A city in China.
I’m NOT a typical Chinese. I’ve had American friends who claimed that I’m more American than Americans. So, having said that, I think I’m still in a good position to write about Chinese since I do speak the language, live in the country and have had lots of experiences growing up under Chinese households.
Over the years, as we age, my cousins and I are lamenting on how different we are from our parents. There are many obvious differences and yet as they say, there are also chips off the old blocks! My cousin lives in Hong Kong now and is educating his daughter slightly different from the way his parents educated him (more or less, the correct term should be, disciplined).
So, let’s begin with the word DISCIPLINE.
This is one very obvious difference between the Chinese and the American as well as the European societies. Discipline is something that many Chinese households observe. Remember, whatever that’s being discussed about Chinese here is literally generalization, a common thread among most Chinese, NOT everyone.
From young, children are taught to observe discipline. Some families are very strict, while some less strict on this. Depending on how much western education influences the parents to begin with. So, it is quite safe to say if the parents are those that have had higher education abroad or studied in English schools, they’d be less strict on this front.
There are often household rules that one has to observe. Say for example, the young in the family should always greet everyone first before eating and should be the last one to take the food on the table. Adults will have the first dip into whatever that’s on the table. You shouldn’t start eating until the most senior person (say, your grandparents or your parents or relatives) has begun. Manners are being taught from a young age. I do believe this is the same among many Asian families. In many ways, Chinese children are often restricted in terms of movement and freedom of speech. It is taught to be very disrespectful if you rebut a senior. Also, one will never dream of addressing one’s parents or older relatives by name!!! There are many more instances of unwritten rules that one will have to abide by, as some of these practices will ultimately fall into your work place.
OBEDIENCE is the result of “training” under the principle Discipline. It is one of the end results. Being obedient is treasured and highly looked upon in society. That’s why you do not see much creativity or innovation in the Chinese Society. It is not encouraged and prized for one to be the odd one out or to be unique. Parents will never encourage individuality in their children. If they do, it is because there is something that they couldn’t accomplish when young and hope to see it accomplished by their off-springs. It is usually not because their kids are born different! Chinese parents see their children more an extension of themselves rather than individuals with their own destinies. That’s why you see parents planning so many things (in terms of education and extra-curriculum) for their kids in the hope that they would be ahead of others in life. Chinese will always have this fear, that they’d be left behind by societies (since there are no social welfare nor is anyone going to care if you die in the streets; too many Chinese in China and the world that even if you’d like to help, there are just too many of them and there is no decent way to help!). Hence, from young, Chinese are being told and ingrained in their subconscious that one is on his/her own. The only possible support one may have is from one’s own family. That brings me to the 3rd observation and principle. Family!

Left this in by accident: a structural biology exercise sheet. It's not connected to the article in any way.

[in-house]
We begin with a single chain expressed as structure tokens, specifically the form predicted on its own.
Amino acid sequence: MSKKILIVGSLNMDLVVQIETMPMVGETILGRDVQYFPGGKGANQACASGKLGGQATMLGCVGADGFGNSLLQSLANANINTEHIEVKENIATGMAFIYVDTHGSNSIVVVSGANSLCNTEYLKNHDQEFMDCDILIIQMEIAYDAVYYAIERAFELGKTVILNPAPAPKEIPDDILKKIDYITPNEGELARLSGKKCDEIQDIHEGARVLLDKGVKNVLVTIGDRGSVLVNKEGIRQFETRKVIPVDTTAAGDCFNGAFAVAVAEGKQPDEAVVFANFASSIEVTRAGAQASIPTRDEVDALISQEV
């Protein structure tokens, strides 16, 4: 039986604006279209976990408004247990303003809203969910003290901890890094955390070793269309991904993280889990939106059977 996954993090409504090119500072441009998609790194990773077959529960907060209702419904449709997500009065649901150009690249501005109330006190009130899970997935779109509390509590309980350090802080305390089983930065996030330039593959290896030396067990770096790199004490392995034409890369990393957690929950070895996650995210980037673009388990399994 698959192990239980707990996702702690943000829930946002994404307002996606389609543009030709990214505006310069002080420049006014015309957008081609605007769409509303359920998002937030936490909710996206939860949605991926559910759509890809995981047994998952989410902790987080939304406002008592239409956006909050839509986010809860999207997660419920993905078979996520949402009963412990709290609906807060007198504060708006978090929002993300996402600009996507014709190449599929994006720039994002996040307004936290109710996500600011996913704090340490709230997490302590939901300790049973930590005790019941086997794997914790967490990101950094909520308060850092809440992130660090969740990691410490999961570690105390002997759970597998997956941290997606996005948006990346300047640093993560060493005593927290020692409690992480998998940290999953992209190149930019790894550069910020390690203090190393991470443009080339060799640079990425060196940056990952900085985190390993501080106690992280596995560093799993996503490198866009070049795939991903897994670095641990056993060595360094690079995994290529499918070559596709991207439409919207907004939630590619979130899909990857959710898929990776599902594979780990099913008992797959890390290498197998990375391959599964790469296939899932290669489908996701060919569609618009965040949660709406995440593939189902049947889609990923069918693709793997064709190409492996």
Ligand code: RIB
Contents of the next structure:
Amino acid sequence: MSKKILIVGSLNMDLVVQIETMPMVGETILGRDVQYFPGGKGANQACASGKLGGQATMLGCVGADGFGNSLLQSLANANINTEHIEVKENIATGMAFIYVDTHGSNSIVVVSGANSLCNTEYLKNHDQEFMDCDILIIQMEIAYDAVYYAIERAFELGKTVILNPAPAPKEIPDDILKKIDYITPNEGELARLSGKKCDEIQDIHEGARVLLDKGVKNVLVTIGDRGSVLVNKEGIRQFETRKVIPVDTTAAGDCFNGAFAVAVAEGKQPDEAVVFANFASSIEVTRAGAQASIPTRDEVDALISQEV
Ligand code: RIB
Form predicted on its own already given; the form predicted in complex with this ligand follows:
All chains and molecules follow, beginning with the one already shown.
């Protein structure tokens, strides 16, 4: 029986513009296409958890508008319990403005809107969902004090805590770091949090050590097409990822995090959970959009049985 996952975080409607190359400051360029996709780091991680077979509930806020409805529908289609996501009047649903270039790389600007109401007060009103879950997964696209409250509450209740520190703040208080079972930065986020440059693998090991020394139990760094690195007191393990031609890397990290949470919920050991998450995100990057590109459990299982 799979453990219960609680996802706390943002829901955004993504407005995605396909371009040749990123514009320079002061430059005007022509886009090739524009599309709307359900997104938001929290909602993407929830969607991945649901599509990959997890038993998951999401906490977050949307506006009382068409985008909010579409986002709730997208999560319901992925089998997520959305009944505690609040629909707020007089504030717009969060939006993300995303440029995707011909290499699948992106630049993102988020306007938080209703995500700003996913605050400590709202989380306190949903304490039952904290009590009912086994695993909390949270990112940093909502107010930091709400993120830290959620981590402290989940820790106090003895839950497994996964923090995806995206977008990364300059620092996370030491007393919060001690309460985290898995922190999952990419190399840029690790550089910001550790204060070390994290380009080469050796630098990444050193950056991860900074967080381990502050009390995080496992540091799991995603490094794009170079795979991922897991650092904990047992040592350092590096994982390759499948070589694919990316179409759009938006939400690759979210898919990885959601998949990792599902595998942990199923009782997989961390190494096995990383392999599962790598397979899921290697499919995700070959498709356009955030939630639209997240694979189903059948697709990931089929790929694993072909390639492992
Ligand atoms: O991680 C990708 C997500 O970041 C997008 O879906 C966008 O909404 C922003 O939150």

FAMILY is the backbone of every Chinese society. It is where one gets support and affirmations. If your family is powerful, your life is much more pleasant than most as long as you follow the rules and doesn’t mess it up on your own. Family reputation is being highly looked upon. If your family reputation is good, you get lots of societal approval and hence life is made easier. As you may have known, each Chinese has a specific dialect he/she speaks, depending on which area of China his/her heritage is. If one is from Shanghai, one speaks Shanghainese. If one is from Canton (present day Guangdong, in south China, near to Hong Kong) then one speaks Cantonese. Most Hongkongers are descendents of Chinese from the Guangdong province and hence speaks Cantonese. There are others like those from Taiwan have had grandparents from the Fujian province, hence speaking Fujian or Hokkien. Some Chinese presently living in Indonesia, Malaysia and Singapore are descendents from Fujian. Hence if one can speak these dialects, one can converse with Chinese in these countries, ie. You don’t always have to speak Mandarin! Most of those Chinese you see in Chinatowns in L.A., San Francisco, Toronto and Vancouver are descendents from Guangdong (Canton) province who speak Cantonese or Taishan (another variation of Cantonese which I do speak too). All in all, I can speak 4 dialects on top of Mandarin. Hence, I’ve had no problem conversing with most Chinese :-)